IF IT hadn’t been for the vagaries of a wandering life, Mishi Saran tells us at the outset of Chasing the Monk’s Shadow, she would not have written this book. Ms Saran was born in India, but she spent much of the remainder of her life abroad, and in the early years of the twenty-first century, she found herself immersed in a journalist’s life in China. That accident of geography quickened her interest in Xuanzang (Hiuen Tsang, in the older English spelling), the seventh-century Buddhist monk who travelled from China to India and back, and whose subsequent detailed writing remains one of the richest descriptions of the subcontinent during that period. “An Indian woman with a China craze, a Chinese monk with an Indian obsession; we had the same schizophrenia, the monk and I,” Ms Saran writes. If she had been living in Lisbon instead, one imagines, she might well have chartered a ship and set off on the trail of Vasco da Gama.
Xuanzang left for India in search of a cosmic truth, while Ms Saran leaves to find herself; in some sense, those goals are one and the same. Worried that her peripatetic life has dulled her sense of identity, she convinces herself that retracing Xuanzang’s footsteps will help rediscover her own roots. Chasing the Monk’s Shadow is, most ostensibly and least enjoyably, about that rediscovery. Its other objective, however, turns out to be a real thriller: Using the ruins of Buddhist monuments like Hansel and Gretel used bread-crumbs, Ms Saran painstakingly retrieves a trail—and a world—that went cold centuries ago.
In AD 627, obsessed with mastering the Yogacara school of Buddhism, Xuanzang left his monastery in Xian. His route, circling north of the Tibetan plateau, took him through the Gobi desert, along the Tian Shan mountain range, into modern-day Kyrgyzstan and Uzbekistan, and thence to Afghanistan and Pakistan. In India, most famously, he became a scholar-in-residence at the university at Nalanda, and he toured the towns that prominently marked the Buddha’s life: Lumbini, where he was born; Kapilavastu, where he was raised as a prince; Gaya, where he attained enlightenment; Kushinagar, where he died. But Xuanzang also ranged further and wider, travelling as far as Assam to the east, Kanchipuram in Tamil Nadu to the south, and Junagadh in Gujarat to the west.
Throughout Chasing the Monk’s Shadow, Ms Saran trains an intensely personal perspective upon these destinations, and her writing brims with a calculated rawness and honesty that mirror that vision. She doesn’t flinch from writing about the fear she feels when, for instance, she has to ride through the heavily militarised Kashmir valley or spend a night with unknown Russian soldiers in a lonely barracks on the mountainous border between Kyrgyzstan and China. She dwells on her relationships, past and present; she worries at her prospects of future happiness; she likes some of the people she meets and dislikes others. These reflections of Ms Saran’s are perhaps too fleeting and shallow to constitute a memoir in the truest sense of the word, but they impart some novelty to the places she visits and the experiences she has.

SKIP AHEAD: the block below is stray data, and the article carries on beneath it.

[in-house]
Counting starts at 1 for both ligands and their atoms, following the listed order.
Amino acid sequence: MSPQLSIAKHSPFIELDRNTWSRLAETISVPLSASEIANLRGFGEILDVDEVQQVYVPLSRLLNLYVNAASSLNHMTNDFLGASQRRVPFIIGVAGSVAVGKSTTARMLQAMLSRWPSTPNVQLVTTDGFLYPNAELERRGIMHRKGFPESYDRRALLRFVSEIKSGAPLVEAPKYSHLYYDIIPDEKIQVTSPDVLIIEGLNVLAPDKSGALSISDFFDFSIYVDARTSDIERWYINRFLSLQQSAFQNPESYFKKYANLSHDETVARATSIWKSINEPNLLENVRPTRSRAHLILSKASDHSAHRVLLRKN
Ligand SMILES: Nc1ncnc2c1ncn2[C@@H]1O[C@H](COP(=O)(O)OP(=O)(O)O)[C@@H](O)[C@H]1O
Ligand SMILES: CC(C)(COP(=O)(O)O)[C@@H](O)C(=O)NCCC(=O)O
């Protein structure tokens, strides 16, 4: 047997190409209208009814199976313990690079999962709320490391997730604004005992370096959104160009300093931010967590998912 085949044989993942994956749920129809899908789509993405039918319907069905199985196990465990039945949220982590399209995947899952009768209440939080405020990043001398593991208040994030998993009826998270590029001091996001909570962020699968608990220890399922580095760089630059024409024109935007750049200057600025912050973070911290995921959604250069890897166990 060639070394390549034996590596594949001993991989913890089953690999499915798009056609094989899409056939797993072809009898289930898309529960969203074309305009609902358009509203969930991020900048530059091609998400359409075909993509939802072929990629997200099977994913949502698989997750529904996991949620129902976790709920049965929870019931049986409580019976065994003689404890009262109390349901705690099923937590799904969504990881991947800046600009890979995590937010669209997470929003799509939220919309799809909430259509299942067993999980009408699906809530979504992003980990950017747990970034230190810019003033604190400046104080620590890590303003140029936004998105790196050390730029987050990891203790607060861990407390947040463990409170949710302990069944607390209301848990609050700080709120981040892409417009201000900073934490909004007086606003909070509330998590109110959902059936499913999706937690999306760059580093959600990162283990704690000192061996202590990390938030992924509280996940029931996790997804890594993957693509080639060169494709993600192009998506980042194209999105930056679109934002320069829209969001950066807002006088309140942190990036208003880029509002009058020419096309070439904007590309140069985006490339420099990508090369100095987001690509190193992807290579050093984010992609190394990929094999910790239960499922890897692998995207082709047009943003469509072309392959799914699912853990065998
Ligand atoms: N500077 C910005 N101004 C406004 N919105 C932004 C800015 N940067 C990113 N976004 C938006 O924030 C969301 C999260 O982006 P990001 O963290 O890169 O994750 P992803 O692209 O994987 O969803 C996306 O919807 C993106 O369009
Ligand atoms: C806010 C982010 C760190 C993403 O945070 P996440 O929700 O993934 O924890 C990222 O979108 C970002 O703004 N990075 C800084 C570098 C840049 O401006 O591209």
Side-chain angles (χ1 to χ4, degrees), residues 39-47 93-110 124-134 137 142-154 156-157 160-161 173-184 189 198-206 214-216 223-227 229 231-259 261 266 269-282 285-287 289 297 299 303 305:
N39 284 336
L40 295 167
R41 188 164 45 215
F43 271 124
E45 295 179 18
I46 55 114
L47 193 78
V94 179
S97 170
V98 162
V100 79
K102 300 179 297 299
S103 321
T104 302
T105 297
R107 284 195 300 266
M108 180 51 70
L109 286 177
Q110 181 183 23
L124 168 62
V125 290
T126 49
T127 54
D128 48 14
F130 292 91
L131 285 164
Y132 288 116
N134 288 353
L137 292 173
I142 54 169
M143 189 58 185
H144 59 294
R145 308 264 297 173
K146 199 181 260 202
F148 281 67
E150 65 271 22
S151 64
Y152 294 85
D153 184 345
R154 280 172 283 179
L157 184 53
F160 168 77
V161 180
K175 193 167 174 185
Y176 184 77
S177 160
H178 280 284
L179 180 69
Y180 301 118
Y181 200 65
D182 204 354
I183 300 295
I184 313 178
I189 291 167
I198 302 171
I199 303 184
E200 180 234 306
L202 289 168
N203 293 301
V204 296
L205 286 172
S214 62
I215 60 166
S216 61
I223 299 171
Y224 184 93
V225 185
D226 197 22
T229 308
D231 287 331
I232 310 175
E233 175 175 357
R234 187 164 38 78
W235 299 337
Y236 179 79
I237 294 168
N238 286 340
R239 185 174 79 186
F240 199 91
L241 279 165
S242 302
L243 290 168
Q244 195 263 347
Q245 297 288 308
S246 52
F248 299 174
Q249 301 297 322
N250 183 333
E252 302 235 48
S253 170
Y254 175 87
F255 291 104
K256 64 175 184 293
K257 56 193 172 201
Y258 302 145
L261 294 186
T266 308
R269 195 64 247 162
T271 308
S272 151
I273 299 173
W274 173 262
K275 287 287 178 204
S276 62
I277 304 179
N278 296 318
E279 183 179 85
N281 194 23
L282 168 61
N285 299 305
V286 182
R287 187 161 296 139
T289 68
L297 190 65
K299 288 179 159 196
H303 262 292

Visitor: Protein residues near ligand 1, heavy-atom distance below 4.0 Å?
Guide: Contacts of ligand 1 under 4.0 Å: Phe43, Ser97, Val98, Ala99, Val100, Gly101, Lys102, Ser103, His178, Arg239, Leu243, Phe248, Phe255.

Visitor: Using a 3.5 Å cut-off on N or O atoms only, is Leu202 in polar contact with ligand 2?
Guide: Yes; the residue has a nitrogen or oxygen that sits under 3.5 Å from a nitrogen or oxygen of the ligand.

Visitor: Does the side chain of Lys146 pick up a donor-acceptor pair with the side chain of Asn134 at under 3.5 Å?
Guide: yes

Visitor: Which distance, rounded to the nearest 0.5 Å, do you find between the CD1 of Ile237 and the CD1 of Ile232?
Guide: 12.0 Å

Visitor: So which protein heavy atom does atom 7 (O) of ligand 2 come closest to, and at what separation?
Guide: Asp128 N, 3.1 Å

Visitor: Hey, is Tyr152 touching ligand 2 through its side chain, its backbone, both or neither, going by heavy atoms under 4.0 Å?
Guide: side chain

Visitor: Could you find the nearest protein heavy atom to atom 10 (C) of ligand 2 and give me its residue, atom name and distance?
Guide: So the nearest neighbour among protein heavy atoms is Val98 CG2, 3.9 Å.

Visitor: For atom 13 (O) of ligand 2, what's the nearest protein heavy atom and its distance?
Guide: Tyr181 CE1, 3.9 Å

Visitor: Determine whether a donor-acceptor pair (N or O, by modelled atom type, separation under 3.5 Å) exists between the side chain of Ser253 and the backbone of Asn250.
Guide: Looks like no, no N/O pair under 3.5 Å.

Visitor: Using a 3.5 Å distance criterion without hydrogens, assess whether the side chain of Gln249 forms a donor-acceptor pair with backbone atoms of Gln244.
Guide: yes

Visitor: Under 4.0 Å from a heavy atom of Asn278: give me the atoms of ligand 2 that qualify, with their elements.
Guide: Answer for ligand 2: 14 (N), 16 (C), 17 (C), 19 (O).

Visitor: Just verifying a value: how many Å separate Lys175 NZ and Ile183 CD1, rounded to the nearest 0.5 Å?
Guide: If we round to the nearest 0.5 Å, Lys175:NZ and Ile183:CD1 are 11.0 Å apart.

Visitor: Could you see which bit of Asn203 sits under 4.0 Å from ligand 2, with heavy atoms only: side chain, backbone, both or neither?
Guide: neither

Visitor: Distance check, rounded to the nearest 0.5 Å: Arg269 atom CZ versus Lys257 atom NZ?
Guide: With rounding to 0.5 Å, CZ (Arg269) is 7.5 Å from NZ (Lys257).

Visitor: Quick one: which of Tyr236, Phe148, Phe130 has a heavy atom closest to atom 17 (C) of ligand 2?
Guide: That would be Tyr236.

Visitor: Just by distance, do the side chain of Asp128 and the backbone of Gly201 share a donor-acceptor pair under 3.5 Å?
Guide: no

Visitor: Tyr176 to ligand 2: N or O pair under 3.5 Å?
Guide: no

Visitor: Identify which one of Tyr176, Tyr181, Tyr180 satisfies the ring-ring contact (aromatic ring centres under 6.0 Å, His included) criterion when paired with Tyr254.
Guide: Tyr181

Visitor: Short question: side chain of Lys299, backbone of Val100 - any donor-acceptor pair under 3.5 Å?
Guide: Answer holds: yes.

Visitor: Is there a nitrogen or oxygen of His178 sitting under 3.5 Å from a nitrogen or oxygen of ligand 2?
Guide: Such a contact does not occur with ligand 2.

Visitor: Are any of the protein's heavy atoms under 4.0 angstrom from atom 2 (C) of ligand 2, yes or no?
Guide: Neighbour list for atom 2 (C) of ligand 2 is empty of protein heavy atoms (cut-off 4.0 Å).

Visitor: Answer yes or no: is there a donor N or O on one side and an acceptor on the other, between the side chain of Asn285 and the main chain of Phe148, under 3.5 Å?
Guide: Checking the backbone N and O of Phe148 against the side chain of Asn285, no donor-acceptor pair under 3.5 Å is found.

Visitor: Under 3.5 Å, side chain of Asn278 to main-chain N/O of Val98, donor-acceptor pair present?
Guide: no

In its entirety, Xuanzang’s journey was so vast and diverse that it allows Ms Saran to dabble happily in various fields of inquiry, her mind always alert for links between the past and the present. In Central Asia, she traces the heritage of the ancient Indo-Persian tongue, clutching at stray Kyrgyz or Uzbek words that she recognises from Hindi. In the religious heat of Allahabad’s Kumbh Mela, she reflects on the enduring, often mystifying strength of religion. In tumbledown monuments across the region, she engages in archaeological speculation, combing digs with scholars to help visualise the unruined splendour of bygone kings or monasteries. Throughout it all, Ms Saran interleaves her material with lightly fictionalised scenes from the life of the monk. It’s a texture that takes some getting used to, because these dreamy vignettes sit so awkwardly with the harder realities of her travel. But more often than not, the technique serves Ms Saran well in humanising Xuanzang, who might otherwise have remained simply a long-dead touchstone for her narrative.
Thanks to a long bureaucratic struggle for visas, Ms Saran visits Pakistan and Afghanistan only at the very end of her journey, even though these areas lay in Xuanzang’s path into India. But her timing is, journalistically speaking, fortuitous; she travels through the Khyber Pass to Kabul, into the heart of the Taliban’s repressive Islamic regime, mere weeks before 9/11 forces the world’s attention to swivel towards that region.
In Afghanistan, Ms Saran is constrained by severe travel restrictions to step off the monk’s path, making for a muddled but not entirely ineffective end to her book. She interviews Taliban ministers and is swayed by their most basic statements, fulminates against the bloated aid agencies working in the country, and battles her own existential demons. But she also captures, in a patchwork way, the atmosphere of stifling fear and worry in Kabul, a city-wide keg of powder simply waiting for the match.
“Yeh tooti-phooti Afghanistan,” Ms Saran observes sadly from Babar’s tomb, unaware of how much more broken-down Afghanistan would become in the next 12 months. Although she doesn’t mention it, the coincidence of chronology is striking. Xuanzang made his long trek to and from India exactly at the same time as the birth of Islam further to his west, an event that would mould every one of the countries on his path, and Pakistan and Afghanistan in particular, beyond recognition.
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